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Difference Between CyclicBarrier and CountDownLatch in Java

Concurrency is a fundamental aspect of modern software development, and Java provides several mechanisms to handle concurrent tasks efficiently. Two commonly used synchronization tools in Java are CyclicBarrier and CountDownLatch. Despite their similar-sounding names, these classes serve distinct purposes in managing concurrent operations. In this section, we will explore the differences between CyclicBarrier and CountDownLatch along with detailed explanations, code examples, and output demonstrations.


The CyclicBarrier class in Java is designed to allow a group of threads to wait for each other to reach a common point, where they can synchronize and proceed together. The barrier is cyclic because it can be reused after all threads have reached it.

File Name:


Thread-0 is waiting
Thread-1 is waiting
Thread-2 is waiting
Thread-2 has crossed the barrier
Thread-0 has crossed the barrier
Thread-1 has crossed the barrier


The CountDownLatch class in Java is used to make a thread wait until the count of CountDownLatch reaches zero. It's a one-time use synchronization tool where the count cannot be reset, making it suitable for scenarios where a specific number of tasks need to be completed before a process continues.

File Name:


Thread-0 has completed its task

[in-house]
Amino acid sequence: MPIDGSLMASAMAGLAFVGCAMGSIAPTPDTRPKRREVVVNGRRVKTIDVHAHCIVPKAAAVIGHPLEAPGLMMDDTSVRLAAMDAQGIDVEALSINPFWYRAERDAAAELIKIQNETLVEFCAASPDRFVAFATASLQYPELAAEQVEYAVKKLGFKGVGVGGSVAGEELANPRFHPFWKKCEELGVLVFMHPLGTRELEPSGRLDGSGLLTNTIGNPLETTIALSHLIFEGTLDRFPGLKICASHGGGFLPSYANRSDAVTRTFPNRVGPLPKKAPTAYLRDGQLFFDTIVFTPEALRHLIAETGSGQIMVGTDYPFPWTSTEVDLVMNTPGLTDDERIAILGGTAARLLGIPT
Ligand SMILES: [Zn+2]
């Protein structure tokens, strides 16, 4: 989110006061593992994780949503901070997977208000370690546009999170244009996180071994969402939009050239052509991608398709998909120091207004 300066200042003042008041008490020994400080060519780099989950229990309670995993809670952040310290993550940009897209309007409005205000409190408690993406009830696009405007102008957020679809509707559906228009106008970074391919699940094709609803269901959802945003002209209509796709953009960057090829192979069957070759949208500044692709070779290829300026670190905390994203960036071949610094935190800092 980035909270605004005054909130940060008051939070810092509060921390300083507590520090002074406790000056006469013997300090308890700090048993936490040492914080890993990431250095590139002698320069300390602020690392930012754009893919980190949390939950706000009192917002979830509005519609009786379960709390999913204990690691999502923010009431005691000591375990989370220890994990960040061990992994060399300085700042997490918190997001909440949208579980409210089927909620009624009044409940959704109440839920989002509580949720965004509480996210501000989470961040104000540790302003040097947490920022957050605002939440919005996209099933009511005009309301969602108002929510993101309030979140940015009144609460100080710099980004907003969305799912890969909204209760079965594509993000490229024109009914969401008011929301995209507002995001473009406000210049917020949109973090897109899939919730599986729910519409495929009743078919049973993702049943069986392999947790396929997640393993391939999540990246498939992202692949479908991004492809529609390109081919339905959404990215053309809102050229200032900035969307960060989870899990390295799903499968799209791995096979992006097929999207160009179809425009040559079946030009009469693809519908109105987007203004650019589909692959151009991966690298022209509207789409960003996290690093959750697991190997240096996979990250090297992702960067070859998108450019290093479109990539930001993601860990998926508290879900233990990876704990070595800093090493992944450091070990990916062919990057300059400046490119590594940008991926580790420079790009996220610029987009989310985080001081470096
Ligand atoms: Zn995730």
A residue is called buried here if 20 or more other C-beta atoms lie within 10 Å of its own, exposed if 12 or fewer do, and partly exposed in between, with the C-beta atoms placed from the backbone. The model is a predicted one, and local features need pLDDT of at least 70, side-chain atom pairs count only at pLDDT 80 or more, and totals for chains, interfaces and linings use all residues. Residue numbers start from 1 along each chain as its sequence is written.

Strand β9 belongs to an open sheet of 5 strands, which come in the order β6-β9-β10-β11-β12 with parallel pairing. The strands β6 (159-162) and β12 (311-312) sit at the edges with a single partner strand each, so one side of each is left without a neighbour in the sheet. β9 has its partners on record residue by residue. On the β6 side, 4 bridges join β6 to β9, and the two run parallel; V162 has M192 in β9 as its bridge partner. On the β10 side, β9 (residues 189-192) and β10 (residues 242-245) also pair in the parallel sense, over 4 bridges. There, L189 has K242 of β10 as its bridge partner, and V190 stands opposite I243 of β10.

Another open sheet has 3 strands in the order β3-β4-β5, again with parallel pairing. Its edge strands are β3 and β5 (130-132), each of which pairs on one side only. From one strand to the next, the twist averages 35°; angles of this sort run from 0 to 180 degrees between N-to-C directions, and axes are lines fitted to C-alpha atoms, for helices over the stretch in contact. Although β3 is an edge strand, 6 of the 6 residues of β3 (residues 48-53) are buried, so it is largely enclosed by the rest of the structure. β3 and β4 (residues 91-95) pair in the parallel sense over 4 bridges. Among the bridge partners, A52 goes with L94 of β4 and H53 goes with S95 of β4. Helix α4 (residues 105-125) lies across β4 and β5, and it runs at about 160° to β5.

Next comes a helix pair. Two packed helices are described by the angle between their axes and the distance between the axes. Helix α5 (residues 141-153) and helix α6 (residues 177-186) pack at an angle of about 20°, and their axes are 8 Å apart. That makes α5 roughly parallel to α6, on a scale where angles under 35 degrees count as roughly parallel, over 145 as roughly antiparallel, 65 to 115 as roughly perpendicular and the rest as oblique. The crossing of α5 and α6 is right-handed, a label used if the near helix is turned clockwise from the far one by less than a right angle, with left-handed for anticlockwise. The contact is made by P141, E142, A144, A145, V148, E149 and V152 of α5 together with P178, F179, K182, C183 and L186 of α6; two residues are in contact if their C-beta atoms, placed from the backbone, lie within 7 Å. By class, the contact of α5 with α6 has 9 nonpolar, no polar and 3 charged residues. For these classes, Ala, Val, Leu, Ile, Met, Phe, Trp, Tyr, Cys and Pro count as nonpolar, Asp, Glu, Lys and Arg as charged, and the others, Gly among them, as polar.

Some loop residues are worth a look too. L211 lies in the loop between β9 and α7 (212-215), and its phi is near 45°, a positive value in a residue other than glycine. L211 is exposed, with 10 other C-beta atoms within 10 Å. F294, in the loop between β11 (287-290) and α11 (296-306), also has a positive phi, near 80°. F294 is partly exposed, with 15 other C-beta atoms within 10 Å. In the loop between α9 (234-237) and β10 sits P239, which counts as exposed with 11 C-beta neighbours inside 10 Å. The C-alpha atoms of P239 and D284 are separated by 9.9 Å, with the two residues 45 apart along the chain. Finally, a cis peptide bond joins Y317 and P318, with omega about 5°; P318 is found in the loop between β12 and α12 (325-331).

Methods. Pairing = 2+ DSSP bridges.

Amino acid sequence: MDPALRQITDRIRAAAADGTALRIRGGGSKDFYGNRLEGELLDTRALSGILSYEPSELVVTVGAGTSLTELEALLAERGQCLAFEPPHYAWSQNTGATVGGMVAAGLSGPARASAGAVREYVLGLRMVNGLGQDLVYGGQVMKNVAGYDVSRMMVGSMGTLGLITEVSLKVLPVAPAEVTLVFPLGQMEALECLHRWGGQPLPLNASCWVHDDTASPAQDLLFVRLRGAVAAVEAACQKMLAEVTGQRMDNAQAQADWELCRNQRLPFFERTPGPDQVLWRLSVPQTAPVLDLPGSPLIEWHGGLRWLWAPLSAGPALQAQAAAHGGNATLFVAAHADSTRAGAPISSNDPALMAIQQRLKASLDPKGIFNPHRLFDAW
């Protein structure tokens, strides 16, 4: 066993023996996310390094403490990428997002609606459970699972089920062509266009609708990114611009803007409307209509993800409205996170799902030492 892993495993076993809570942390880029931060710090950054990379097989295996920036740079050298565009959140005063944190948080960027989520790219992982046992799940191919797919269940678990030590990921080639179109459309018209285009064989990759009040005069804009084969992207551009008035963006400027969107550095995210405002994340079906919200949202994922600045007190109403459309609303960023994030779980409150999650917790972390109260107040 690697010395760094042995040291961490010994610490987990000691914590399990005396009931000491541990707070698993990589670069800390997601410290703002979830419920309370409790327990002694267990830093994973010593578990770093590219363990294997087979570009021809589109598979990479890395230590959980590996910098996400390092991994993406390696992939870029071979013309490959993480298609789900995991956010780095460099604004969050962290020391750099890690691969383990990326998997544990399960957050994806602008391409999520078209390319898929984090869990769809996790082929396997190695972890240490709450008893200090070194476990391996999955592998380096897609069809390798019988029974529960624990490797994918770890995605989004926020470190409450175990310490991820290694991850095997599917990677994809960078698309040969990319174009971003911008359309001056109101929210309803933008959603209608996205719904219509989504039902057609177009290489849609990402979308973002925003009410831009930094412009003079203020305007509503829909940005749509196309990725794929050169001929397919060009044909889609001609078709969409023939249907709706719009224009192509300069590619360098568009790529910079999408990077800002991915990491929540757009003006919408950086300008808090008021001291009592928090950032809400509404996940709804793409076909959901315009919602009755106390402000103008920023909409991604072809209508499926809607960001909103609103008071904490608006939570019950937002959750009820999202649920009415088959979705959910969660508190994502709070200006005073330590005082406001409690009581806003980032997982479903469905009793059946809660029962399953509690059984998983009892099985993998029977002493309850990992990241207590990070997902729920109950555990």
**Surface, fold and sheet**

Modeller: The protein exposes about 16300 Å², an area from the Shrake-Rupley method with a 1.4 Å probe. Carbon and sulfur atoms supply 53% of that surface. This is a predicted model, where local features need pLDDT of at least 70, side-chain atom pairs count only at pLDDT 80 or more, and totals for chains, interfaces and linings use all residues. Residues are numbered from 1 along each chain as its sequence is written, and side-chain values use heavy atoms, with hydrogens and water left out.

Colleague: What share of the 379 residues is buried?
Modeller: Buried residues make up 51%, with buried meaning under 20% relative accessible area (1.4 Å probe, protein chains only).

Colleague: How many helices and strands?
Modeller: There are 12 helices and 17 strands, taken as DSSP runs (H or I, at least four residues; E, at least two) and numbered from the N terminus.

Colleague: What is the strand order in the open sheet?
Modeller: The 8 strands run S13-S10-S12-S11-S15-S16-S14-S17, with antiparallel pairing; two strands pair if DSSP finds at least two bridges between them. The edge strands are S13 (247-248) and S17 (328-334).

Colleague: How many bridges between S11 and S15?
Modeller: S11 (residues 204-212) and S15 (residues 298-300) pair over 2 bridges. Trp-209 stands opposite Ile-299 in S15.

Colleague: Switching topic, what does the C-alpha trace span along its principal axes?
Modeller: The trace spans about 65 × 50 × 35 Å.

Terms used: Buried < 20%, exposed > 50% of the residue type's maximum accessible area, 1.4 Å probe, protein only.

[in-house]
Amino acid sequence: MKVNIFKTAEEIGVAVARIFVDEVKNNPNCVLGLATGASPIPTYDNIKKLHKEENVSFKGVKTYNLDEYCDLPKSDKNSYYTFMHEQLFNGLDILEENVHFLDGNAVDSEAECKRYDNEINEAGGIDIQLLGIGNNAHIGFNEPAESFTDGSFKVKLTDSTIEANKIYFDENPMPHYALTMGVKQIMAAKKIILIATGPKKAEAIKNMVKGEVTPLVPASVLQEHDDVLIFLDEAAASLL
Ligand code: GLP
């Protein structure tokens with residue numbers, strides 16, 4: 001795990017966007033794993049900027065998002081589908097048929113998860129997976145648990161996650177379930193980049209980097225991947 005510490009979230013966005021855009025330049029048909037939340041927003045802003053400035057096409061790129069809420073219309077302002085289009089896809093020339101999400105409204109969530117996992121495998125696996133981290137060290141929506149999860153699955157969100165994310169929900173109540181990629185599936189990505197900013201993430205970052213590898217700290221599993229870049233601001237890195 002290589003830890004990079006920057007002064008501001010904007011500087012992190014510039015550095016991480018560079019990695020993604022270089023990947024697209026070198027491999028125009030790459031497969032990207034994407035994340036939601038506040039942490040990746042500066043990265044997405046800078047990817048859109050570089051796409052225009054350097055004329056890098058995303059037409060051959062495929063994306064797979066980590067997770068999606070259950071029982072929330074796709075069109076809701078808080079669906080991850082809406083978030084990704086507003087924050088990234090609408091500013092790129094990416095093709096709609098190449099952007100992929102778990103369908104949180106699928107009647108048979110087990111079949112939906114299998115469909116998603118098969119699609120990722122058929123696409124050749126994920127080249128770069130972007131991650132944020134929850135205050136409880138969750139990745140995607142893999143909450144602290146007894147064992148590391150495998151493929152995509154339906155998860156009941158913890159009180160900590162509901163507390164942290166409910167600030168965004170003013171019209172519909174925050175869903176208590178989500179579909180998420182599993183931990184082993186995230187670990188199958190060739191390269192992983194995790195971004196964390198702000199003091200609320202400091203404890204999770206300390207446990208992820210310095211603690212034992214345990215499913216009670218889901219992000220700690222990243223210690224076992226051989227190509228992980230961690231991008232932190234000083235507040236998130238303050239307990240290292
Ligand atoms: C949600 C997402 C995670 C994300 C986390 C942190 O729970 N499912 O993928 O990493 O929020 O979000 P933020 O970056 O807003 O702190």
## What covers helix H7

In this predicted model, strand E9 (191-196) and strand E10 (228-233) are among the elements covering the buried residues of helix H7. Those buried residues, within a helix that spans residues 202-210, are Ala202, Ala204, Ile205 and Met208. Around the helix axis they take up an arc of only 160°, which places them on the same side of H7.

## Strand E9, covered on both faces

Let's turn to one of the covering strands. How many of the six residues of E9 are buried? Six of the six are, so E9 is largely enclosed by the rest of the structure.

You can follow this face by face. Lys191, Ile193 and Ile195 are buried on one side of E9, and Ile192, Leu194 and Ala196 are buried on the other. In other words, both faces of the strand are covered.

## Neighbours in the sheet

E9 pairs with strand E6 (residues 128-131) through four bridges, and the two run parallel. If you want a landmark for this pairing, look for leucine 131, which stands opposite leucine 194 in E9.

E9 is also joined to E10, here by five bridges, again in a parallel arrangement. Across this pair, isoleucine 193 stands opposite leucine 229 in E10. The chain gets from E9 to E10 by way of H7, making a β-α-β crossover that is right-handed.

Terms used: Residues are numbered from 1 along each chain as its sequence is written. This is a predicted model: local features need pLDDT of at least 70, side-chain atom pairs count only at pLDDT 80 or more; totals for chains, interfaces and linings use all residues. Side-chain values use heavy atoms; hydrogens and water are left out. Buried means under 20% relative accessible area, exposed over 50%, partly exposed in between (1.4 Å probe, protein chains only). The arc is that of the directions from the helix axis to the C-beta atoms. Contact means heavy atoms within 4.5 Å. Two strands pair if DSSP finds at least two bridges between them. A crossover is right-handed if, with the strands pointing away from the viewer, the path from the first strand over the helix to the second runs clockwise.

Thread-2 has completed its task
Thread-1 has completed its task
All tasks have been completed. Proceeding...

CyclicBarrier Vs. CountDownLatch in Java

Feature CyclicBarrier CountDownLatch
Purpose Synchronizes threads at a common barrier point. Delays execution until the count reaches zero.
Reuse Cyclic; can be reset and reused after all threads arrive. One-time use; the count cannot be reset once it reaches zero.
Count Changes Dynamic; the number of parties can be changed at runtime. Fixed; the count is set during initialization and cannot be changed.
Parties Threads wait for each other, all must reach the barrier. Threads wait for a fixed number of tasks to complete.

Understanding these differences is crucial for choosing the appropriate synchronization tool based on the specific requirements of our concurrent application. CyclicBarrier is suitable for scenarios where a group of threads needs to synchronize and proceed together, while CountDownLatch is ideal for situations where a fixed number of tasks must be completed before proceeding.

In summary, both CyclicBarrier and CountDownLatch contribute to effective concurrency management in Java, providing developers with powerful tools to control the execution flow of their multithreaded applications.

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